I have both an iPhone 4 (as well as my 3GS, still) and a Nexus S (previously had another Android). I can tell you, IMO, that they are different phones but neither can be classified as inferior or superior. They each have pros and cons. For every Android weakness you cite, we can cite an iOS or iPhone issue. Many of my friends buy iPhones because they love Apple. Many of my friends buy Android because they identify with the Google mentality. Price is only one of many factors and, often, not at all the important one.
post #18 of 25
I find it hard to believe they sold that many. I lean toward the more conservative estimates of around 17 million.
post #19 of 25
Quote:
Originally Posted by asdasd View Post

True. I have argued against seasonality myself, for iPhones but not iPads.

However am assuming a cheaper iPhone sold off contract thus holiday season.

I don't think this is the year of the cheaper iPhone, because it's not clear if they have yet maxed out what they can achieve selling only expensive models. The time for them to introduce the cheaper line will be when they're no longer at all supply constrained. While they're still reporting 100% YoY growth I don't expect a cheap iPhone.
post #20 of 25
Quote:
Originally Posted by stelligent View Post

Many of my friends buy iPhones because they love Apple. Many of my friends buy Android because they identify with the Google mentality. Price is only one of many factors and, often, not at all the important one.

I'd say that's more of a big deal within the geek community - non Geeks don't have strong feeling's about Apple as a company, and tend if anything to have vague privacy concerns about Google as a company.

Out there amidst the teeming masses of the technologically clueless it doesn't come down to apps, or notifications or liking corporate ethos - it comes down to whether they can afford it, and if they can whether they can justify the extra money for the luxury factor.
post #21 of 25
Quote:
Originally Posted by stelligent View Post

Android cannot have a supply shortage. The question is whether one or more of HTC, Motorola, Samsung, Sony, and other Android licensees might run into a manufacturing wall. It is possible that some of them share the same suppliers for one or two key components (hello Qualcomm?) such that those components become a bottleneck for all of them. But that's unlikely. Samsung has recently established a decent lead, I believe, amongst Android hardware vendors. Will Samsung peak and fail to meet demand?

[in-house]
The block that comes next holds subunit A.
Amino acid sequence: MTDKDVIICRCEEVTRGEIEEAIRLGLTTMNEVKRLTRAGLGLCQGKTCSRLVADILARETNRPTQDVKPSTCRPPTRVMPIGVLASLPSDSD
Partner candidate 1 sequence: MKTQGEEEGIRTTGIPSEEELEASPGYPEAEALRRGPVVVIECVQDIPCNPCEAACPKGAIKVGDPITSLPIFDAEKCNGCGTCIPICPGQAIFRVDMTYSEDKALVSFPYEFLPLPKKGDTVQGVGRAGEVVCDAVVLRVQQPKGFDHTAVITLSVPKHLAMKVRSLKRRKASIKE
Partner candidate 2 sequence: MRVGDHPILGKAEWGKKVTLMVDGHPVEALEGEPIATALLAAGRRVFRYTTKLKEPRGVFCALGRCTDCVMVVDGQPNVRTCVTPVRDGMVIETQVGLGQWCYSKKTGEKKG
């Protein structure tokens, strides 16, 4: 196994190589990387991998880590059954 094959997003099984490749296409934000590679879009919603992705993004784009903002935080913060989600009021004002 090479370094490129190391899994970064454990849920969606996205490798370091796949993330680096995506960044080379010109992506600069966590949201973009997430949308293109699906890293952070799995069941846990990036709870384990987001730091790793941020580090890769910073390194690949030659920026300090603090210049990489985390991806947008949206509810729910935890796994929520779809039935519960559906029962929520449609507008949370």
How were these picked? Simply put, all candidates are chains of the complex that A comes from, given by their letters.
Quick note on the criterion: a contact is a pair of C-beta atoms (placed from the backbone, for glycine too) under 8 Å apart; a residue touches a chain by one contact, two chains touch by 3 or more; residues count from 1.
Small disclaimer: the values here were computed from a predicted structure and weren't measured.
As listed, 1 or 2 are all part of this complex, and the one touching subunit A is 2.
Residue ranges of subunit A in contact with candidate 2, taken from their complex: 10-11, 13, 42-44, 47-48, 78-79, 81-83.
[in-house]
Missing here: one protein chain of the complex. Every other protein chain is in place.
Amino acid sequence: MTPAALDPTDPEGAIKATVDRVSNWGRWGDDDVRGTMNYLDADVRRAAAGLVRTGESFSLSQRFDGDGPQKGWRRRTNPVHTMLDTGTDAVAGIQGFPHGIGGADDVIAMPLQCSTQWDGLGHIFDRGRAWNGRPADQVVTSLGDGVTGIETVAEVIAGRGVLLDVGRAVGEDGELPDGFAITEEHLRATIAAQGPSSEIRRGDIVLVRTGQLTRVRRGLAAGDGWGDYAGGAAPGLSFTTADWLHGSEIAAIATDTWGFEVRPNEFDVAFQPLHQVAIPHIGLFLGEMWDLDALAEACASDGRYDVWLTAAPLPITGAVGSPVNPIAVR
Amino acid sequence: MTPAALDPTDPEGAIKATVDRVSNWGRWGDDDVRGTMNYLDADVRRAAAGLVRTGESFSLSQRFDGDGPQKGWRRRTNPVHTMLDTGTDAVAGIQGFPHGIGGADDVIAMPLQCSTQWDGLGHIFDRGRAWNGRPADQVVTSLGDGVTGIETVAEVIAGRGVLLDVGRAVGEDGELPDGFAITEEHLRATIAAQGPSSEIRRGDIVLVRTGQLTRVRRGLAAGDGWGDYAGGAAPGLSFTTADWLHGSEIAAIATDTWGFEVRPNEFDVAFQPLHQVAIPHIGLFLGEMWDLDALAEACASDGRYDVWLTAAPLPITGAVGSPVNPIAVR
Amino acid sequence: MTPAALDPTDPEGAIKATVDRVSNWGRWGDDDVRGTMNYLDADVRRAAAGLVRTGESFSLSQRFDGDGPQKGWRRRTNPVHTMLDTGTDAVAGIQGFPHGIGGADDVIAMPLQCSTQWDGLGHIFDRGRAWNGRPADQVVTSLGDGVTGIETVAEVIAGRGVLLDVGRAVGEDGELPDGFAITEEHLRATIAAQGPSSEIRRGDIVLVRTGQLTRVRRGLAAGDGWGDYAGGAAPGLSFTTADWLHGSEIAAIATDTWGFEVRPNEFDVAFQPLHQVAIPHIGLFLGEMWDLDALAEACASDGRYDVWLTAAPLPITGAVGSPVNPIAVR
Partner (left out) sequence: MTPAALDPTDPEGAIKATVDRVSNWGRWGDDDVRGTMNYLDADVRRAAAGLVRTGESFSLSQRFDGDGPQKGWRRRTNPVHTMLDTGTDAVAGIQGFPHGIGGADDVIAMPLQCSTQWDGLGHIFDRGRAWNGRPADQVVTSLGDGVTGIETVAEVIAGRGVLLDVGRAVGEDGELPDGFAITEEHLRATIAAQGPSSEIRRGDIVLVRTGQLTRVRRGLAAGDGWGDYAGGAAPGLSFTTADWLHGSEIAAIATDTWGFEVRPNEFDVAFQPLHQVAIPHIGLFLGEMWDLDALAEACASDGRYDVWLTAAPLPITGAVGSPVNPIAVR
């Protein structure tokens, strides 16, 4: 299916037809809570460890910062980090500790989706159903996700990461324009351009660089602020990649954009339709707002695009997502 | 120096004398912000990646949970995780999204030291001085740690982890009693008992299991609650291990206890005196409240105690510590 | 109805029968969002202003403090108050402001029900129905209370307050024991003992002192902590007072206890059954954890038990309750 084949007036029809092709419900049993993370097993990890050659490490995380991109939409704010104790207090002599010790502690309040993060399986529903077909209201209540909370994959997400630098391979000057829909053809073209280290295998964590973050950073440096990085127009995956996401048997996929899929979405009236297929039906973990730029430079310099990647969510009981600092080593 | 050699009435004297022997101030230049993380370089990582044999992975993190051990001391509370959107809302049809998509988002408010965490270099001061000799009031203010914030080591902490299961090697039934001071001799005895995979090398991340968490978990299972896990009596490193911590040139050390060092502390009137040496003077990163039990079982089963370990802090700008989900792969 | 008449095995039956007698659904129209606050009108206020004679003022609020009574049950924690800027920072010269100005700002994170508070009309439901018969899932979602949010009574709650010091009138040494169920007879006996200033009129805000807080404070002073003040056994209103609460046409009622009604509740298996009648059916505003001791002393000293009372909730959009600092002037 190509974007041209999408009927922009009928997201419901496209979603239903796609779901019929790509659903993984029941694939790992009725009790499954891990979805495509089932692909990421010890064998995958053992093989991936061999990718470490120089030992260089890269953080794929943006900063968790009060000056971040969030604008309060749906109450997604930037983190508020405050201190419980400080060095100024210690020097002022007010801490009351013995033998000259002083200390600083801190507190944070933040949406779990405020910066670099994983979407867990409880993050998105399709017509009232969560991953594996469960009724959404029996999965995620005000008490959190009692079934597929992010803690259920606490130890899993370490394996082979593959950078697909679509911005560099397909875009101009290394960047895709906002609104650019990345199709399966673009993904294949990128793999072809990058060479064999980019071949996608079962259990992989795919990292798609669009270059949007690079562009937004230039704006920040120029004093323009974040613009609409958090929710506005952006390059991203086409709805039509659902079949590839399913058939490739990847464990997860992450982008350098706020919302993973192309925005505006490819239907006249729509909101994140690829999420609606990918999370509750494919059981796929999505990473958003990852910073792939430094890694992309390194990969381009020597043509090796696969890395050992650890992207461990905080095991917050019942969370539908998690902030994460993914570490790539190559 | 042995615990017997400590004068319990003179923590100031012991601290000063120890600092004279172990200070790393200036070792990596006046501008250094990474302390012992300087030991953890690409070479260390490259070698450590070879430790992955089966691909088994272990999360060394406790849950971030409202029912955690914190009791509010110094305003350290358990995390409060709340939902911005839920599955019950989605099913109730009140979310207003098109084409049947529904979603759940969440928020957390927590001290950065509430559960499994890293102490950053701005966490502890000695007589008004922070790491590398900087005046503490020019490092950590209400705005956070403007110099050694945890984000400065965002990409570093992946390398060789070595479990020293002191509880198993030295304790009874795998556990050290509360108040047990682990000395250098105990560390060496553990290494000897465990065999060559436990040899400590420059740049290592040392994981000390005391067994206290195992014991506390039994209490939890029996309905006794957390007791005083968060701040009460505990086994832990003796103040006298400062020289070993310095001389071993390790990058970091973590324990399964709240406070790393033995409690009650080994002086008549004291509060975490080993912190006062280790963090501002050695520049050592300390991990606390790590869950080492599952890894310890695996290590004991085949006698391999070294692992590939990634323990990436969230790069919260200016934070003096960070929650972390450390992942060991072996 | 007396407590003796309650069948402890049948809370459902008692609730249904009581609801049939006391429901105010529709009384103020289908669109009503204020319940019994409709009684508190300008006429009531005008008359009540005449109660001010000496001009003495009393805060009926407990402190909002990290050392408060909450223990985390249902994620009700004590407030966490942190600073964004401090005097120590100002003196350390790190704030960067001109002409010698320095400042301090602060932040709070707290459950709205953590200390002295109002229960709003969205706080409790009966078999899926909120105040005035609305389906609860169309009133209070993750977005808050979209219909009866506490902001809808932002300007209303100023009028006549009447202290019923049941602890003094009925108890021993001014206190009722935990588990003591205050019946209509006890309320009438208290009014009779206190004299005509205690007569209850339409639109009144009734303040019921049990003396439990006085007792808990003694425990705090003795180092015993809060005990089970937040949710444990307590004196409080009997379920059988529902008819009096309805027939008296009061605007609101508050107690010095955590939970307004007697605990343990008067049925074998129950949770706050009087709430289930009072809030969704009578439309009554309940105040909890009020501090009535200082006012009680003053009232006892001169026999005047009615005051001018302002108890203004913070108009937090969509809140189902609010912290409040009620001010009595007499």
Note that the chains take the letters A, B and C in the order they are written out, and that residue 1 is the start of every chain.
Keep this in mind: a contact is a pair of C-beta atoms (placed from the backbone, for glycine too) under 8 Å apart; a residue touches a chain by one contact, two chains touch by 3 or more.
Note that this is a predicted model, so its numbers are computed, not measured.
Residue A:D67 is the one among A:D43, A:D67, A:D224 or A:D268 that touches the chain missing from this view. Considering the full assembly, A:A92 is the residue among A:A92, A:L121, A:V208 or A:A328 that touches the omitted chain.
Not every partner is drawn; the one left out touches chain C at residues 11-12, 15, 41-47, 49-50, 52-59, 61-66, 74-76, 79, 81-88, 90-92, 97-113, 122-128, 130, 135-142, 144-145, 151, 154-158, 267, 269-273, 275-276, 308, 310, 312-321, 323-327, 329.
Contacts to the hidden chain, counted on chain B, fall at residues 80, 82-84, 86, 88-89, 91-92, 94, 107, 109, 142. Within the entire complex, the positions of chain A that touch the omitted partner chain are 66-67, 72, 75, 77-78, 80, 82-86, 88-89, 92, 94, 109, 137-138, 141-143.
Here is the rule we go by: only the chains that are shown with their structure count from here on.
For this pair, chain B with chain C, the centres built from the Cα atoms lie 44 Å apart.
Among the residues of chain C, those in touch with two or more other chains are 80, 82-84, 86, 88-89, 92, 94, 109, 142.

It's possible, particularly with the touch-screen components and the screens - but I don't think it's terribly likely short of another 'tsuanami' level supply shock. The android handsets come in such a huge variety of form factors, that the only truly common component is the cellular chipset, and that was shared with the old dumb-phones that are in decline - so a shortage of them is unlikely.


Quote:
Also, if you are a contract manufacturer (such as Foxconn), would you create manufacturing capacity for someone other than Apple or do you simply cater to Apple's every need?

The answer for Foxconn seems to be, both. I believe it builds some plant for general use and some plant is dedicated to particular clients. Apple clearly has an amazingly deep relationship with Foxconn, the kind of thing that management books will be talking about in 20 years time. I'd love to know more details of the relationship, but Apple clearly views it as being part of their competitive advantage and, so it seems, does Foxconn.
post #22 of 25
How does one predict the past? The headline should read "JP Morgan estimates Apple sold..."

No?
post #23 of 25
Quote:
Originally Posted by cloudgazer View Post

I'd say that's more of a big deal within the geek community - non Geeks don't have strong feeling's about Apple as a company, and tend if anything to have vague privacy concerns about Google as a company.

Out there amidst the teeming masses of the technologically clueless it doesn't come down to apps, or notifications or liking corporate ethos - it comes down to whether they can afford it, and if they can whether they can justify the extra money for the luxury factor.

Apple has a strong cachet that goes far, far beyond the geek community. I believe multiple surveys have shown that the iPhone is more popular amongst women whereas Android catches on more with men, particularly those who consider themselves technically savvy even if they are not true geeks.
post #24 of 25
Quote:
Originally Posted by rcomeau View Post

How does one predict the past? The headline should read "JP Morgan estimates Apple sold..."

No?

This site has an opening for an editor. Jump in and save them from such embarrassing headlines. Go for it!
post #25 of 25
When Apple reaches that new contract with China's largest Telco perhaps then people will stop all this fantasy talk that Chinese will not pay for such a device.

Apple adding a conservative 15-20 million more iPhones, never mind iPads in China will push conservative target prices upwards of $600/share.

UBS already has a buy rating at a $510 target long before a single phone is sold on this upcoming relationship.